She was both excited and overwhelmed about the changes ahead for Bridgestone. She needed to discuss ways to apply Senge’s (2006) model of a learning organization to those changes. I volunteered some stories to help her design solutions. My hope is that she has the corporate leadership executive sponsorship and required resources to implement systems thinking at that organization.  We all need to transform organizations.


Notice the pattern? Leaders, by definition, influence others toward a better future. They find the words. They seek partners. They use leverage to gain results. Whether you are coaching a small business owner or a director in a large organization, you can help your clients attain meaningful outcomes.

The cornerstone of systems thinking is personal mastery, defined as “continually becoming” (Senge, 2006). In all major religions and most philosophies, there is a recognition that humans are aspirational. We stare at the clouds, stars and weather patterns and try to understand objective “reality.” We stare at social media and fear-based stimuli and try to determine useful “facts.” We work with clients who are stuck. We help our clients overcome perceived obstacles. Thankfully, humans are continually developing. Amid those chaotic stimuli, we tell stories to teach, entertain, and achieve meaningful outcomes.

As coaches, our primary role is to help others attain meaningful outcomes. Case studies are one way to help our clients make smarter decisions today.

A coaching query is: How are you using case studies or stories to help your clients attain meaningful outcomes?


ICF (2016). 2016 Global Coaching Study; Executive Summary. International Coaching Federation.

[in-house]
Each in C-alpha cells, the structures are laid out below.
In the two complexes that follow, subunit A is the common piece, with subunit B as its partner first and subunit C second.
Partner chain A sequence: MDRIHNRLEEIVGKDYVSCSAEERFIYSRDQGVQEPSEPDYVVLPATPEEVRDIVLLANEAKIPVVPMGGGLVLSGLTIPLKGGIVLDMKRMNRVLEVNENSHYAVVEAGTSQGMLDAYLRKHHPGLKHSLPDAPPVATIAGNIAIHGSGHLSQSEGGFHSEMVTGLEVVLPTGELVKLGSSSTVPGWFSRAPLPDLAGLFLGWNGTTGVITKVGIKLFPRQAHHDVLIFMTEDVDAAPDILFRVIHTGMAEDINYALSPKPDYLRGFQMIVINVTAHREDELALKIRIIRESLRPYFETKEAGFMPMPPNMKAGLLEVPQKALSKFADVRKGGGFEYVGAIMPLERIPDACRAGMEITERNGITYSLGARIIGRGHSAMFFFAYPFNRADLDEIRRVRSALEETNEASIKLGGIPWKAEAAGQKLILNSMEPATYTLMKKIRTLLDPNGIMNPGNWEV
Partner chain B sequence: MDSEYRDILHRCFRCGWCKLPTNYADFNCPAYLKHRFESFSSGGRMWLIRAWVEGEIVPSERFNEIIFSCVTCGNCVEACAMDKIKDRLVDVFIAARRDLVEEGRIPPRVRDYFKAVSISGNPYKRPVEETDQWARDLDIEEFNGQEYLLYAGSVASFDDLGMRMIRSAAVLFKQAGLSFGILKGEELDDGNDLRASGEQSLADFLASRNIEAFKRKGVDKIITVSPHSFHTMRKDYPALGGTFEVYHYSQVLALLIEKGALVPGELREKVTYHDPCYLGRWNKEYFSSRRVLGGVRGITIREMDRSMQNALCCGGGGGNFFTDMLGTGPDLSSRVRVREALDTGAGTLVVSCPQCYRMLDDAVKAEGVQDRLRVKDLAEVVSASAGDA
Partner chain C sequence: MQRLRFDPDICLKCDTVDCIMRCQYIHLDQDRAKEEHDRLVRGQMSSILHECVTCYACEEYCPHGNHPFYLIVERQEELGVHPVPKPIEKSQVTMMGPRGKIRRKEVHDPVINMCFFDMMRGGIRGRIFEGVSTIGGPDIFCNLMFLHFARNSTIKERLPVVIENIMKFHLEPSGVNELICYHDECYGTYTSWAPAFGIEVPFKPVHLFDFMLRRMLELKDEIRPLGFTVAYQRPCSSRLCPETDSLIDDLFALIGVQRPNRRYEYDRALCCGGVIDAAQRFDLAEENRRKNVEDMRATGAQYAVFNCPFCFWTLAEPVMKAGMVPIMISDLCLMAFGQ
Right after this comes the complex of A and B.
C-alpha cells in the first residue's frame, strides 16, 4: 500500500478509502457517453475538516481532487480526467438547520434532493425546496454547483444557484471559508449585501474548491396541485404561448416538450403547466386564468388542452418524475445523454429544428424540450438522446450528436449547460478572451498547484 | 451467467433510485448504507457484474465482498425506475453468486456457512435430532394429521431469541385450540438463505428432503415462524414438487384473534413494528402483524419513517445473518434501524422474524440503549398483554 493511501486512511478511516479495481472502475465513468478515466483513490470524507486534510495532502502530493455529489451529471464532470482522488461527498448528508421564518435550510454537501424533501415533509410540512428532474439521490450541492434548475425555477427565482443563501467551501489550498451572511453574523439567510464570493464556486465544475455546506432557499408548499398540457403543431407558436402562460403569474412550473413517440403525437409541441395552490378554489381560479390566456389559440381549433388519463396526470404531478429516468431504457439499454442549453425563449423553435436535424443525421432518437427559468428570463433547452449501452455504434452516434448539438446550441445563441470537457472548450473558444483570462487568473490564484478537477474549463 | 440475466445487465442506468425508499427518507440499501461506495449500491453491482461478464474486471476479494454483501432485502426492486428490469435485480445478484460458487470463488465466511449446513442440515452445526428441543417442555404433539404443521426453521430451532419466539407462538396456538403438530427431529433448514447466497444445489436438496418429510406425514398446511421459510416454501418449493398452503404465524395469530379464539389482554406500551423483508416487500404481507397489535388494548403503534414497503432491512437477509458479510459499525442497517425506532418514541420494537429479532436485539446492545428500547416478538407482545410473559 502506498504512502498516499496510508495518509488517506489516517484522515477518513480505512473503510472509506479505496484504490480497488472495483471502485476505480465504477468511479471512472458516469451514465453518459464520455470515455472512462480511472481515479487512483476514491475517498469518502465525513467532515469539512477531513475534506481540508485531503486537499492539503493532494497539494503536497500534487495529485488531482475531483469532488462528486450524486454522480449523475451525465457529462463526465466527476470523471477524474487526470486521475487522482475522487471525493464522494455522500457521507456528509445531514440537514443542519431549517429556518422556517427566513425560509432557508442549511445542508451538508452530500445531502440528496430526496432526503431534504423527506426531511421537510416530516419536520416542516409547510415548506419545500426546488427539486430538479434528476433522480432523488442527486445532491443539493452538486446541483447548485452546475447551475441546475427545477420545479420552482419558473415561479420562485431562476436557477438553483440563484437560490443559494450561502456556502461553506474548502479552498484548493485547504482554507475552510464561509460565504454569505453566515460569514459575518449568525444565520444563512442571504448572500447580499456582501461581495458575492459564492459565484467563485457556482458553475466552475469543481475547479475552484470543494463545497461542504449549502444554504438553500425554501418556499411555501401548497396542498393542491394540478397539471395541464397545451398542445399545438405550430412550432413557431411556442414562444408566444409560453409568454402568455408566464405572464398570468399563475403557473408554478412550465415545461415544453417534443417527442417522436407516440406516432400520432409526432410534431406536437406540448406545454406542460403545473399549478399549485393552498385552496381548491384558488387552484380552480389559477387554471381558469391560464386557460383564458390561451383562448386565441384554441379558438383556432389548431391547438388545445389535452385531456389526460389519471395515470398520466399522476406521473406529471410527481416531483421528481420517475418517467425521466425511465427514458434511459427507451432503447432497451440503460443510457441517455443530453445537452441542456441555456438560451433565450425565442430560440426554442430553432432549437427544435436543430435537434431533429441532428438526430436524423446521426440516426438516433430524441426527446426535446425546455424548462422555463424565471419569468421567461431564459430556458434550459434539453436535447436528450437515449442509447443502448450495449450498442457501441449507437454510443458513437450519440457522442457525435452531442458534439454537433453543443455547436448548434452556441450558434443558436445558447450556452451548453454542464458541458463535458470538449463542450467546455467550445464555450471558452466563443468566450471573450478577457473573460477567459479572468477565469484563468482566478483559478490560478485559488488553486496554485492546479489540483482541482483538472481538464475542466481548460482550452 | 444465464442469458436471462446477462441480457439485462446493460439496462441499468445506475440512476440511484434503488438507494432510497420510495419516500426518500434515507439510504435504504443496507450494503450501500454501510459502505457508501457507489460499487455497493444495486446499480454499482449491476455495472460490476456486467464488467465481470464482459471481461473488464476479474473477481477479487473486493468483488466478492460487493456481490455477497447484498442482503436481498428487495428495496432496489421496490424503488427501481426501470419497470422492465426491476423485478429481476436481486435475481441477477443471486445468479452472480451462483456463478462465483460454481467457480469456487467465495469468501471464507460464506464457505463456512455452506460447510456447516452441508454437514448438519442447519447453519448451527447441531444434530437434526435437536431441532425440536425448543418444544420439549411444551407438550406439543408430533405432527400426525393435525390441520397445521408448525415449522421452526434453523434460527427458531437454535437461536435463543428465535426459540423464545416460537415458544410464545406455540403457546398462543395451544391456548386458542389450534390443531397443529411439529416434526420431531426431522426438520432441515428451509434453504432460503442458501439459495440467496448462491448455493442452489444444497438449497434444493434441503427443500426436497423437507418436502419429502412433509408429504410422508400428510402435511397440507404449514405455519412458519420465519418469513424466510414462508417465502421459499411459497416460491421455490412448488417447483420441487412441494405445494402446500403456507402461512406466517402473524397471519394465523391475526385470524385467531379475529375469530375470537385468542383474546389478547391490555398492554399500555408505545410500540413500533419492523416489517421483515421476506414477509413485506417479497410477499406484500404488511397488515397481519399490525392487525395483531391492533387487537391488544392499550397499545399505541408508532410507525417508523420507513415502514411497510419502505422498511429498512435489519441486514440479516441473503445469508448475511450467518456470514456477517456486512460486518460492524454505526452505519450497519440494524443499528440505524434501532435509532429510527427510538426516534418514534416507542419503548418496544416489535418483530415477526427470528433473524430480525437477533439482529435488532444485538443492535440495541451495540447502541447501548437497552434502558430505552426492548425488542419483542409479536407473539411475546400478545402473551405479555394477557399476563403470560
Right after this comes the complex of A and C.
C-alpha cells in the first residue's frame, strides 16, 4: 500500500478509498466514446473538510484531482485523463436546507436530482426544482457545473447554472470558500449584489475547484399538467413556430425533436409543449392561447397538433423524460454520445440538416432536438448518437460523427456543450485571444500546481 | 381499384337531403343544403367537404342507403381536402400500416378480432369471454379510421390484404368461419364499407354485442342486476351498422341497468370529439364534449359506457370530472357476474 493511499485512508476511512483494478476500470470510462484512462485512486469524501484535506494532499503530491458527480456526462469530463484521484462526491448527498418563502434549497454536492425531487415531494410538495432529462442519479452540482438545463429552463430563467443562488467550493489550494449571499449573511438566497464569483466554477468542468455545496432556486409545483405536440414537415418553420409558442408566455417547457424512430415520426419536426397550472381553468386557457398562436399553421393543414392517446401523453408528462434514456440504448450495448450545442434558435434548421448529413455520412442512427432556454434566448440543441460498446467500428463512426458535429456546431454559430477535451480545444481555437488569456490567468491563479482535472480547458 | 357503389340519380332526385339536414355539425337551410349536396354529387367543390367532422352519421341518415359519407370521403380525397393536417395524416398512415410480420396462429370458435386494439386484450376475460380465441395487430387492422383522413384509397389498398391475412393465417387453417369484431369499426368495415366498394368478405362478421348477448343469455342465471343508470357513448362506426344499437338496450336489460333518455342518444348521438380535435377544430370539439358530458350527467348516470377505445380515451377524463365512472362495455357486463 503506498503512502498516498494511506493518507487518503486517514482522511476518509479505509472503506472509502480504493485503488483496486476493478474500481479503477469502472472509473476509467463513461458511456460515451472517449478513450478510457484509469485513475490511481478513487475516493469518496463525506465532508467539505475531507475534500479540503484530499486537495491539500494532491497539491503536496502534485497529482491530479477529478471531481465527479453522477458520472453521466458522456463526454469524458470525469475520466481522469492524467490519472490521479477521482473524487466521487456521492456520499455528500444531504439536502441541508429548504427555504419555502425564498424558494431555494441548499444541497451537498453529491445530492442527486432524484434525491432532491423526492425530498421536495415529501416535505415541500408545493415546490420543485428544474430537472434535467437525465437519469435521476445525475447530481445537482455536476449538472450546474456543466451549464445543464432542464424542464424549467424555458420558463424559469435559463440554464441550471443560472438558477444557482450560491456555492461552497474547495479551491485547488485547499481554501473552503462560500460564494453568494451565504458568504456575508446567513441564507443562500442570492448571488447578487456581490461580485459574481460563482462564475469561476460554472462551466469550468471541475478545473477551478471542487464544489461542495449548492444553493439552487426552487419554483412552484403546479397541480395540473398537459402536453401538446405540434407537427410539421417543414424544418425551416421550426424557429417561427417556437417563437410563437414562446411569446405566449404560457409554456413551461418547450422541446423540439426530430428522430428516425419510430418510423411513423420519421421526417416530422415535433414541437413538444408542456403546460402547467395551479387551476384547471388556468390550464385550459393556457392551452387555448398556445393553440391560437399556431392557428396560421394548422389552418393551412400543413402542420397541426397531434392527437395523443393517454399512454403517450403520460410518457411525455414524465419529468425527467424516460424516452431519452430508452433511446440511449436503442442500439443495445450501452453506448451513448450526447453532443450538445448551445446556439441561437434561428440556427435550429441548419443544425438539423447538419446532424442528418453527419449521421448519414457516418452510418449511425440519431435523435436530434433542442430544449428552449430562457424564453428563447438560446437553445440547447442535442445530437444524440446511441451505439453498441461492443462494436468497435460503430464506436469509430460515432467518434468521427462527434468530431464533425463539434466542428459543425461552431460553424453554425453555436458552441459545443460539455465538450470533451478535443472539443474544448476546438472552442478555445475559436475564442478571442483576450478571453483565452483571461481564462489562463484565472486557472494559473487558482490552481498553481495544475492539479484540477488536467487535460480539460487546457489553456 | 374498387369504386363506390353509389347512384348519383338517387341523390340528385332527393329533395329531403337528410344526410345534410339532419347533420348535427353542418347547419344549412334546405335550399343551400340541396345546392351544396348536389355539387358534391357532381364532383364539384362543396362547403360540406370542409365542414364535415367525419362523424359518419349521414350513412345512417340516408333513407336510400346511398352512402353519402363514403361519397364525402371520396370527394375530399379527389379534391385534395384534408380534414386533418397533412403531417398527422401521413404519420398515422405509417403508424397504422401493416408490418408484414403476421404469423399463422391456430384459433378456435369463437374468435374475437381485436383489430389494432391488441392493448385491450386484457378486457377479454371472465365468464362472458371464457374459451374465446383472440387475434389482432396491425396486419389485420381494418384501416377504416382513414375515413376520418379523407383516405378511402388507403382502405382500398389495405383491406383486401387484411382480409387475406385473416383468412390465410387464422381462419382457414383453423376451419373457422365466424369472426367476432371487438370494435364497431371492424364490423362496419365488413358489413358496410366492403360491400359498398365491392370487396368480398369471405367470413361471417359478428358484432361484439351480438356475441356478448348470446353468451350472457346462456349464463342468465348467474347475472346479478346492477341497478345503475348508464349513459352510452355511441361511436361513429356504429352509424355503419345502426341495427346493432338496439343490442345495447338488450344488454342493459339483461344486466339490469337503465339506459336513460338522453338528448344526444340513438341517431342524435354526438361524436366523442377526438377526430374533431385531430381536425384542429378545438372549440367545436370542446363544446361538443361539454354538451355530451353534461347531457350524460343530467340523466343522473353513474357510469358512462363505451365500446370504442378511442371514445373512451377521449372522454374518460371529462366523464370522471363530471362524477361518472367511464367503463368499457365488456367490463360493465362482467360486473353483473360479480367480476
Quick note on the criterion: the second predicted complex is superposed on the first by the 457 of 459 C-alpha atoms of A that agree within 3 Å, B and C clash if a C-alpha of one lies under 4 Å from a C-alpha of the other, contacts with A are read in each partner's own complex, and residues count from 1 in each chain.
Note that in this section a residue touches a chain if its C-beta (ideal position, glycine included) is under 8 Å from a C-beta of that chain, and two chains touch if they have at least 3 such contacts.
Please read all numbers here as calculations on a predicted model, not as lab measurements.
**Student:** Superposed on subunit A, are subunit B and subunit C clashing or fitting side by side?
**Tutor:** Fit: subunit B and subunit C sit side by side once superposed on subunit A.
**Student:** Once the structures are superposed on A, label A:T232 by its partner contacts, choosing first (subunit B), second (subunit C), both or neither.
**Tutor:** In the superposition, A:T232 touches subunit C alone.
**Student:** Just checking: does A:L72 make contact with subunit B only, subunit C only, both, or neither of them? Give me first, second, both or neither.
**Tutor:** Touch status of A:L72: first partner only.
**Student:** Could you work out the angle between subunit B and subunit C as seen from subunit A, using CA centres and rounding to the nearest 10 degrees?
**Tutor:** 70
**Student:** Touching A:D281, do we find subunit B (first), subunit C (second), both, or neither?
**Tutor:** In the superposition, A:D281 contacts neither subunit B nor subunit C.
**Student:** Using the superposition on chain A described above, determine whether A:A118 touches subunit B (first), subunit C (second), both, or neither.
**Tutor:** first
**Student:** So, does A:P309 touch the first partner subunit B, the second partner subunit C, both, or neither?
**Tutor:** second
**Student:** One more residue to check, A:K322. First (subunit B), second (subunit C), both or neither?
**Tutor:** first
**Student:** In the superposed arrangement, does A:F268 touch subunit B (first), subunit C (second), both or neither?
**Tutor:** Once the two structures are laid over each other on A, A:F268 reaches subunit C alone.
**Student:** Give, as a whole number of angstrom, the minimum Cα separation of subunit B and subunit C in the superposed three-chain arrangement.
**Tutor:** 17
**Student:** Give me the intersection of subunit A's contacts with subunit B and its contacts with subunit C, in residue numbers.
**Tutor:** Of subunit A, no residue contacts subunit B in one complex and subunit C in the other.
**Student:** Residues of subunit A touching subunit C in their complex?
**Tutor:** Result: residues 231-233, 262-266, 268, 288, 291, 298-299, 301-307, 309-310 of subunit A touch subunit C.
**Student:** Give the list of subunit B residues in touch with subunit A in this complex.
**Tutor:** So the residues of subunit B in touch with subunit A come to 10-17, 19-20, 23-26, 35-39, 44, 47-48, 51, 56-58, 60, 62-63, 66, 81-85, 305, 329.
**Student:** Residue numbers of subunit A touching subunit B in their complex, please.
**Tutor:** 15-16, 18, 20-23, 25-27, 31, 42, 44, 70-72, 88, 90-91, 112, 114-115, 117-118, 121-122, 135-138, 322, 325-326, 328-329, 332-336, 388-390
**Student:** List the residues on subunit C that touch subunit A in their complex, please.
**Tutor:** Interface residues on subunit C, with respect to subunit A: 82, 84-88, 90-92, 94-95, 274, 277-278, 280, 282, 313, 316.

MacDonald, I., Burke, C., & Stewart, K. (2006). Systems Leadership: creating positive organizations. Hampshire, England: Gower.

Senge, P. M. (2006). The Fifth Discipline: The art and practice of the learning organiza- tion. Random House/Currency.

Author Bio:  Doug Gray, PhD, has been an International Coaching Federation certified coach at the PCC level since 2006.  He is CEO of Action Learning Associates, LLC. His dissertation explored global executive coaching and leader outcomes.  He models systems thinking by serving hundreds of clients.  Contact him today. 

How to teach OKRs and leadership

You have probably had the experience of teaching someone how to drive a car.  If not, imagine the scene.


Your objective is to teach enough basic skills so that your loved one can drive away.  You start by teaching safety protocols like “wear your seat belt” and “always keep two hands on the steering wheel at “9 and 3.”  Then you explain the functions of the gas pedal, brake pedal, gears and all those shiny buttons on the dashboard.  Then you offer encouragement as your loved one shifts into gear and drives from 0 to 30 mph within a minute.  Your Key Results (KRs) often follow that formula “from x to y by date.” 

     Objectives are defined as “what you do.”  They are qualitative and each person in the organization can write their own.

     Key Results are defined as “how you measure that objective.”  They are quantitative and answer the formula “as measured by.”

     OKRs are defined as “a management methodology that helps people focus efforts on the same important issues throughout the organization.”

For a 3-minute excerpt of a keynote presentation on OKR Leadership that I provided in December, 2019 to over 700m business leaders in Denver, CO, click here.


The “Father of OKRs” title is attributed to Andy Grove, the founder and CEO of Intel.  You may know that Andy literally wrote the textbook on semiconductors in 1967, well before Silicon Valley attracted the largest migration of assets in human history.   You may also know that Andy wrote “Only the Paranoid Survive” in 1996, as a reminder of market volatility and the need to measure the details.  His father was killed at Auschwitz, and he fled Nazism with his mother at age 20.

John Doerr worked for Andy.  John learned how to implement OKRs.  Then, in 1997, John made an $11.8M investment in 12% of Google when working as a venture capitalist at Kleiner-Perkins.  The co-founders of Google wanted to organize data globally.  When John introduced OKRs to Google, Larry Page said, “Well, we need to adopt some management approach.”  The rest is history.  I recommend John Doerr’s book, Measure What Matters, (2018) for examples ranging from the Gates Foundation to Bono.